Street Photography on the Streets of London

This time a few days ago I found myself with a couple of hours to spare before my train home from London. So I grabbed my camera out my bag and headed out to the blustery streets of the capital.

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I took loads of photos at this location along Oxford St. waiting for the right person to walk past.. thankfully this women and her stripy top didn’t take too long to arrive

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To get these silhouettes I stood in the shade and adjusted the aperture

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It’s not always safe to cross the road even when its a green light! These horses had just come from a presentation at Buckingham Palace

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Bus stops always provide an opportunity to use the reflection or get up close and personal

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Rush hour can be overwhelming if you’re trying to get anywhere in London but provides lots of photography opportunities. I captured these businessmen outside Covent Garden Tube waiting for friends.

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The wind did provide some comical moments including this groups’ teachers tripping over

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Tired tourists can be spotted everywhere- London is bigger than you think

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I sat down for a few minutes to rest my feet at Leicester Square. This father and son were tasked with finding the families next destination.

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Theres always time to catch up on the news-even if it is at Piccadilly Circus

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When I’m shooting street photography I try to mix up the angles including shooting at shoulder height to get close up portraits

 

NEW BLOG ALERT!

If you want to check out a brilliant new travel blog, one of my favourite people I met in Bangladesh, Morgan, has just set up a blog detailing all her travels, she has just got back from Cambodia! Morgan is a ball of energy and an annoyingly good dancer when you go out clubbing (makes me look even worse) so go check out and support her blog.. morganvibes.wordpress.com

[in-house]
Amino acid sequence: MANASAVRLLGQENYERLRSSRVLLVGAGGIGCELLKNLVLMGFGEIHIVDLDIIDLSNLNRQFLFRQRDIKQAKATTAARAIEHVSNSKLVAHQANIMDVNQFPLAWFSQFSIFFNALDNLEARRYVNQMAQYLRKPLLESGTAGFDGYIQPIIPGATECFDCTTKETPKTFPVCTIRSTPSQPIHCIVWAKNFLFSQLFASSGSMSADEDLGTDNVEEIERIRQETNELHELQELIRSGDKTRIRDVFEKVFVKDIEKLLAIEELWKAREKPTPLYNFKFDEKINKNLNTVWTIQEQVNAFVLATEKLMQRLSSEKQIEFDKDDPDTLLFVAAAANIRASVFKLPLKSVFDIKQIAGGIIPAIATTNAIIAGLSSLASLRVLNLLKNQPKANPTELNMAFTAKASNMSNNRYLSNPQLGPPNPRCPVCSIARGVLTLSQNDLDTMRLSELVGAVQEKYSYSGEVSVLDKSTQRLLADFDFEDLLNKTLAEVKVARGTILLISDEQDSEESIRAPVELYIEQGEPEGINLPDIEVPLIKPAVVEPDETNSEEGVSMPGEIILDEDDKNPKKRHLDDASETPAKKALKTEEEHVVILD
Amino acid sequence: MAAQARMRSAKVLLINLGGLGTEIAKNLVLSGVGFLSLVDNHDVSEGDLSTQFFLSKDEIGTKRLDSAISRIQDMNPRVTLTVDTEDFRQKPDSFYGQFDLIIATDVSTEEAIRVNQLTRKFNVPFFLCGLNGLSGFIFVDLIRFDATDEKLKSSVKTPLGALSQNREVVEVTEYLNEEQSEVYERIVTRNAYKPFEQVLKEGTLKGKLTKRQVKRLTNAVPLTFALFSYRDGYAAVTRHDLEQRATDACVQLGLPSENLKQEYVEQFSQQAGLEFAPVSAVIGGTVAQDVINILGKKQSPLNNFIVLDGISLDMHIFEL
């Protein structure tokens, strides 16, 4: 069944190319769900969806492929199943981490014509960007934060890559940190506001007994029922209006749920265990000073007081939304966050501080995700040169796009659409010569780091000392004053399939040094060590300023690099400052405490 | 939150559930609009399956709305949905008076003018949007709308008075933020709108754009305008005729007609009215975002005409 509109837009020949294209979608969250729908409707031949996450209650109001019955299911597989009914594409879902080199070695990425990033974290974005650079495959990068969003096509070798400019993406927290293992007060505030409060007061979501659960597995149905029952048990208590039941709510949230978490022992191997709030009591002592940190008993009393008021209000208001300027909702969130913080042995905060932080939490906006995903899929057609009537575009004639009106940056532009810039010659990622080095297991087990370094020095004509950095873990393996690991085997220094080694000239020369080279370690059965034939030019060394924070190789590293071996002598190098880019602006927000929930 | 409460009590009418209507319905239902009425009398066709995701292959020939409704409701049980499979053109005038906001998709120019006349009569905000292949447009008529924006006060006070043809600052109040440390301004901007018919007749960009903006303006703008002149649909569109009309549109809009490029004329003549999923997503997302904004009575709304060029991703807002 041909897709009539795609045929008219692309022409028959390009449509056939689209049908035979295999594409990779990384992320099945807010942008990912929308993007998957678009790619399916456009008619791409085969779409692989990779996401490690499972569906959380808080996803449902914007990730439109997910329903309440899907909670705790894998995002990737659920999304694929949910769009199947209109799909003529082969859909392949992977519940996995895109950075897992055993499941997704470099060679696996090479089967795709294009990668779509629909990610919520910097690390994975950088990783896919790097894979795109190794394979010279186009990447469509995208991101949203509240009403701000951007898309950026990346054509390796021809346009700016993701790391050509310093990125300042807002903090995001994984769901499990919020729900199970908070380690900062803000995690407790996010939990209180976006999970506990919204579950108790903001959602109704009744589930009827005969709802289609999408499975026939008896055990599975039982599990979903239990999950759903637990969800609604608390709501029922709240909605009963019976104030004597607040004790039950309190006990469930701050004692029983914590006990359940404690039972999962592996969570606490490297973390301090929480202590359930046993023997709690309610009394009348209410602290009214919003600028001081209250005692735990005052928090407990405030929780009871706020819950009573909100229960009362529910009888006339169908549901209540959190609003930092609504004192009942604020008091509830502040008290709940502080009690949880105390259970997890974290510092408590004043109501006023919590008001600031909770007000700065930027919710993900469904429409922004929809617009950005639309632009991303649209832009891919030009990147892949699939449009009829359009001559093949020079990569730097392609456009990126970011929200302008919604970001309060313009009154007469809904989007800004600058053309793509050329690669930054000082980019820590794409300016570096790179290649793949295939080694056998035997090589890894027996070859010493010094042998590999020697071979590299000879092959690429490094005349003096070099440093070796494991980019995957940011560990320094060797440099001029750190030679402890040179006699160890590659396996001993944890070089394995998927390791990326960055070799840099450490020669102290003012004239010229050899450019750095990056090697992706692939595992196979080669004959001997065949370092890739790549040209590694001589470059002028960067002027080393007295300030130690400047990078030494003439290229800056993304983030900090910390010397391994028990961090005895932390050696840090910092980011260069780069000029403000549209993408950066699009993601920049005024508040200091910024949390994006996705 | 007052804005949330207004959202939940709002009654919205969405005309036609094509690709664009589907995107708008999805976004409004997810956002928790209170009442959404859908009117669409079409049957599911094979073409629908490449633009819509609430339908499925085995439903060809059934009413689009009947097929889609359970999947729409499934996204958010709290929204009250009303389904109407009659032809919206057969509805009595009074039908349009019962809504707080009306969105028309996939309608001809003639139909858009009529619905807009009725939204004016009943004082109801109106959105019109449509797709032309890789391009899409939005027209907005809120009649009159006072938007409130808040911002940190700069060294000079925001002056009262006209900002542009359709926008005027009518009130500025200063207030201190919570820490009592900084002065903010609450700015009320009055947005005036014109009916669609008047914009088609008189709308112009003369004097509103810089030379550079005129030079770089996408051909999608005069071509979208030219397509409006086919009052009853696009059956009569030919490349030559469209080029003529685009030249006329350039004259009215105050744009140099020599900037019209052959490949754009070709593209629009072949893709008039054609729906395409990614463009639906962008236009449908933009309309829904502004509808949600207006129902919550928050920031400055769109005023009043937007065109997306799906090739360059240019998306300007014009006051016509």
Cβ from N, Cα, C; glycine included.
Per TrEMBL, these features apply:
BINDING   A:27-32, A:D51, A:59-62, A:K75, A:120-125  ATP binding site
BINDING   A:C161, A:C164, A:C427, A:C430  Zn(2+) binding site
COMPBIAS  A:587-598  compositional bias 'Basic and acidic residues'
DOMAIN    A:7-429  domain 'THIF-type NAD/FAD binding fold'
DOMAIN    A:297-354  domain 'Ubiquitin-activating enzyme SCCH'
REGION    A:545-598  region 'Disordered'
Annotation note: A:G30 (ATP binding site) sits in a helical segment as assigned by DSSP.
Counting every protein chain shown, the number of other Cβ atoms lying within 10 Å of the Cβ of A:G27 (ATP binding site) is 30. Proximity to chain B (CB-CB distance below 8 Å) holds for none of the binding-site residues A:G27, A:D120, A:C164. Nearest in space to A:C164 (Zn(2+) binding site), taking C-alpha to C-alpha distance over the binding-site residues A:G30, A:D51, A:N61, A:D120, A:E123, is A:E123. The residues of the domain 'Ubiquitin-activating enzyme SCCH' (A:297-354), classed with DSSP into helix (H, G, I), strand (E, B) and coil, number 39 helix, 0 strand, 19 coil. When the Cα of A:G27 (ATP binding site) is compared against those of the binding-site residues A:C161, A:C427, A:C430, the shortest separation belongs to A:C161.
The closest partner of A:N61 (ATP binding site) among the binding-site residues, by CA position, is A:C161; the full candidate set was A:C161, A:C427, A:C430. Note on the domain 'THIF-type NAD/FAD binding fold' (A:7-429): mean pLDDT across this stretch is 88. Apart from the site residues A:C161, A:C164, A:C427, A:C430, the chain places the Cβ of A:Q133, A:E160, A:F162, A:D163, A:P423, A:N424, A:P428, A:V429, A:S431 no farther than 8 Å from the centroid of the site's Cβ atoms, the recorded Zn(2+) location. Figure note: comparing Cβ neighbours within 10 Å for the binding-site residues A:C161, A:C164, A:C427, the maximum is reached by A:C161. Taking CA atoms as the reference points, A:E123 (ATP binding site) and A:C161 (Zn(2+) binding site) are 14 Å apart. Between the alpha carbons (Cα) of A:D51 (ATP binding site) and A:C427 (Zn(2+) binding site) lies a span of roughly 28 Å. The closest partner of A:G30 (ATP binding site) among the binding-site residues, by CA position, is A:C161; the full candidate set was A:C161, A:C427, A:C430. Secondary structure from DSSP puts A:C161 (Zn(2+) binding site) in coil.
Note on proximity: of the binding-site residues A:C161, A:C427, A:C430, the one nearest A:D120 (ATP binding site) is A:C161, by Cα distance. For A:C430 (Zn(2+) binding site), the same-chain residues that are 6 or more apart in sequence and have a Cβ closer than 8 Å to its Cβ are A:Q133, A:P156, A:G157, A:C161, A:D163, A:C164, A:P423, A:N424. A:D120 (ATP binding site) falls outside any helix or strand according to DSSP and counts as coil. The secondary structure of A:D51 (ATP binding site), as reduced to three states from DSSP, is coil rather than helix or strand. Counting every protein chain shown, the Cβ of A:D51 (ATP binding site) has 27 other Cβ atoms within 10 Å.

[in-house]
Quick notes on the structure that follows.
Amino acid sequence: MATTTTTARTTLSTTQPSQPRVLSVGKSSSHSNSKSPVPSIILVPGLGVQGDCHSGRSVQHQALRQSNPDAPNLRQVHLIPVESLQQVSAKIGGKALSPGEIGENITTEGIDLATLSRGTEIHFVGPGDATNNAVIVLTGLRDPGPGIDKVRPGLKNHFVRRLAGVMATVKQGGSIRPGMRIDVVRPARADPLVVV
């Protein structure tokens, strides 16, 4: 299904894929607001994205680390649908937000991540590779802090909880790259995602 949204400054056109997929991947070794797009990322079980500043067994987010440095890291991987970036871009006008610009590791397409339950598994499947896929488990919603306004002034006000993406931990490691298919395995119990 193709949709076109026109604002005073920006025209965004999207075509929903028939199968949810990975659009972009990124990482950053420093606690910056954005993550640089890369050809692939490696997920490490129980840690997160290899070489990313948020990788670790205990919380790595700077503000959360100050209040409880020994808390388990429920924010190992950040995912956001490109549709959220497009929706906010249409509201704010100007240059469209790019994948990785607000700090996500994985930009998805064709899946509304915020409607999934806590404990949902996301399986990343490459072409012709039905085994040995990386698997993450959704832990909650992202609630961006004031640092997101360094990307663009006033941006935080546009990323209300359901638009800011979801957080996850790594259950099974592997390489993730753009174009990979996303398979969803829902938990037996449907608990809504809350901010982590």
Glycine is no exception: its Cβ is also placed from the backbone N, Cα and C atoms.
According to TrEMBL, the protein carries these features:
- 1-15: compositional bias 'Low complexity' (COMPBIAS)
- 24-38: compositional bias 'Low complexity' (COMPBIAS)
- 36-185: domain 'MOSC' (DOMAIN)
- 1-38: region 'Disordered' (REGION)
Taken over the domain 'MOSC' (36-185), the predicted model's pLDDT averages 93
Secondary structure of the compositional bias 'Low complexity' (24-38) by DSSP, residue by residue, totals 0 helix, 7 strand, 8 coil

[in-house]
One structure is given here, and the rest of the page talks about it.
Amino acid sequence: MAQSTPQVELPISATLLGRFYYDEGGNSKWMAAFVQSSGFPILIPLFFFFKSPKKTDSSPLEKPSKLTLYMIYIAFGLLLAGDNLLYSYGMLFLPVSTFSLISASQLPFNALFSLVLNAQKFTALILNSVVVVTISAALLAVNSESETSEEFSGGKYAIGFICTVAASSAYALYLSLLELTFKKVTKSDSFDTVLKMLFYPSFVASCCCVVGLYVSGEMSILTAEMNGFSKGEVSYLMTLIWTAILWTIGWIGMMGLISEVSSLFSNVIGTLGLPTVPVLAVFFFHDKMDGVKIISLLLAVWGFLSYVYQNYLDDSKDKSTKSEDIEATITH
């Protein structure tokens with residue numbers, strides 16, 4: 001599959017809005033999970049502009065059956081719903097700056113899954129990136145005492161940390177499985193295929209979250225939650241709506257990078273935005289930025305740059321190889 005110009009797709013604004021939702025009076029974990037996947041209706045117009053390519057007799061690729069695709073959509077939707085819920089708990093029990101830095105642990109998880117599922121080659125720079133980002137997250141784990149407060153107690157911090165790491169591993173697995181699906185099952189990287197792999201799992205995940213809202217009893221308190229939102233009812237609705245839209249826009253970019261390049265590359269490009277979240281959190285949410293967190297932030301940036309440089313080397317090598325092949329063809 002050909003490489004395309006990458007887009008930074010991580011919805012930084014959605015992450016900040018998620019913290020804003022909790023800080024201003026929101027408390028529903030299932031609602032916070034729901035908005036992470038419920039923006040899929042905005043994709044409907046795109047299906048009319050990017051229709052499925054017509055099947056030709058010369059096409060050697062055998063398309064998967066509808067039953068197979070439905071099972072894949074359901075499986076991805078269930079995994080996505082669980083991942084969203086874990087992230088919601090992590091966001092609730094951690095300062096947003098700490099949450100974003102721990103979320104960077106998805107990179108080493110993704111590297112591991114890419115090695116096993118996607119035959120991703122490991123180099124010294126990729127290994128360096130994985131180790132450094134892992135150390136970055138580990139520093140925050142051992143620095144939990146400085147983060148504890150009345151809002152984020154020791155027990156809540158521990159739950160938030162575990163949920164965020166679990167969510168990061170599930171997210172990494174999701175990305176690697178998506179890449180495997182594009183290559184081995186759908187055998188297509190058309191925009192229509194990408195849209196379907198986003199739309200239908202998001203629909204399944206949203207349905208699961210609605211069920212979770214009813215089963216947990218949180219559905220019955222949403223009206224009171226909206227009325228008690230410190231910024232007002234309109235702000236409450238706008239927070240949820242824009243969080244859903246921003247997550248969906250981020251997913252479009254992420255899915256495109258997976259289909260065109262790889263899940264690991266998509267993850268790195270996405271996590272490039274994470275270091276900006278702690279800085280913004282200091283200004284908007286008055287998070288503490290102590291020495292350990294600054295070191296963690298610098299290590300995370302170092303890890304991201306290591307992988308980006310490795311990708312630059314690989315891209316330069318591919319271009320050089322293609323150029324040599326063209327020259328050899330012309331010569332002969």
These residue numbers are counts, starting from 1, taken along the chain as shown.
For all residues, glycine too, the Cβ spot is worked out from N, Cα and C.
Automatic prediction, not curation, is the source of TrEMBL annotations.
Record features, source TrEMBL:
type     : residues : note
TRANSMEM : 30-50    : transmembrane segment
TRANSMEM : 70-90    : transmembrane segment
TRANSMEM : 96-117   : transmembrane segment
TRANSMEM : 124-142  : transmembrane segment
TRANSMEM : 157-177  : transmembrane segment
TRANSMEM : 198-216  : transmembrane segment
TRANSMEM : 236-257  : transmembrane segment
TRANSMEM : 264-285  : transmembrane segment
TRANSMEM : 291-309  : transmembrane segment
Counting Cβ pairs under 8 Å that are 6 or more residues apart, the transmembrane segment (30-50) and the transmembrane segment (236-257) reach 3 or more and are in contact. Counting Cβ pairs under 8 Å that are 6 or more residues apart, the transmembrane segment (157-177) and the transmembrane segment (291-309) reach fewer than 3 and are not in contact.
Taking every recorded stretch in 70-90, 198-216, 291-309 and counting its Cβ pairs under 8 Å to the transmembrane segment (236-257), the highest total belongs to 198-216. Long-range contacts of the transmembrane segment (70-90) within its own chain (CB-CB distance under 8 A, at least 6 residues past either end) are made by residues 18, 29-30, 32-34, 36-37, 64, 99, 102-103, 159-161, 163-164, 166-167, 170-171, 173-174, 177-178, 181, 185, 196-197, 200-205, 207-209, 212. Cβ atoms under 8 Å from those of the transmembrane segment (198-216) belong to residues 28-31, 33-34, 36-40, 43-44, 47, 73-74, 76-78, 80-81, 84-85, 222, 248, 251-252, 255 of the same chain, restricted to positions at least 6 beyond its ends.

Morgan (left), Me and Emily

Bangladesh Travel Diary: Getting Complacent 

I’m currently based in Bangladesh as part of a team of community workers. Follow me over on Instagram (@madisonbeachphotos) and this blog to keep updated with the ups and downs of living in such a beautiful yet challenging country..

We have been living in Bangladesh for well over a month now and complacency has begun to creep in. We all feel really safe in the town we are based in and we always see familiar faces on our day trips around the local villages.

A community workshop

Eating with our hands no longer feels odd and I actually look forward to eating rice everyday. Same with wearing a scarf, it’s now second nature to grab a scarf and my water bottle on the way out my room.

A cow that wandered into our garden a few days ago and hasn’t left since

But last week we realised we have to stop taking things for granted. One morning, before heading off to lead workshops, my roommate fainted in the bathroom. Luckily she managed to unlock the door as she was fainting. We later found out it was due to a lack of iron in her blood the effects of an infected insect bite. She is now on a cycle of antibiotics and recovering with lots of rest. It was a stark reminder our bodies aren’t used to the carb-heavy diet and insect bites can cause serious complications.
A few times a week we visit our local market to buy fruit, fizzy drinks and snacks that slightly resemble the ones we’re used to back home. Another team member was over the moon to bag herself the last bottle of Sprite being kept in the shops fridge. But her joy was short lived when she opened the bottle back at home and didn’t hear a fizz. She was sold plain, still water that had been poured into the Sprite bottle. And just to rub salt into the wound the local water here makes us sick so she can’t even drink it.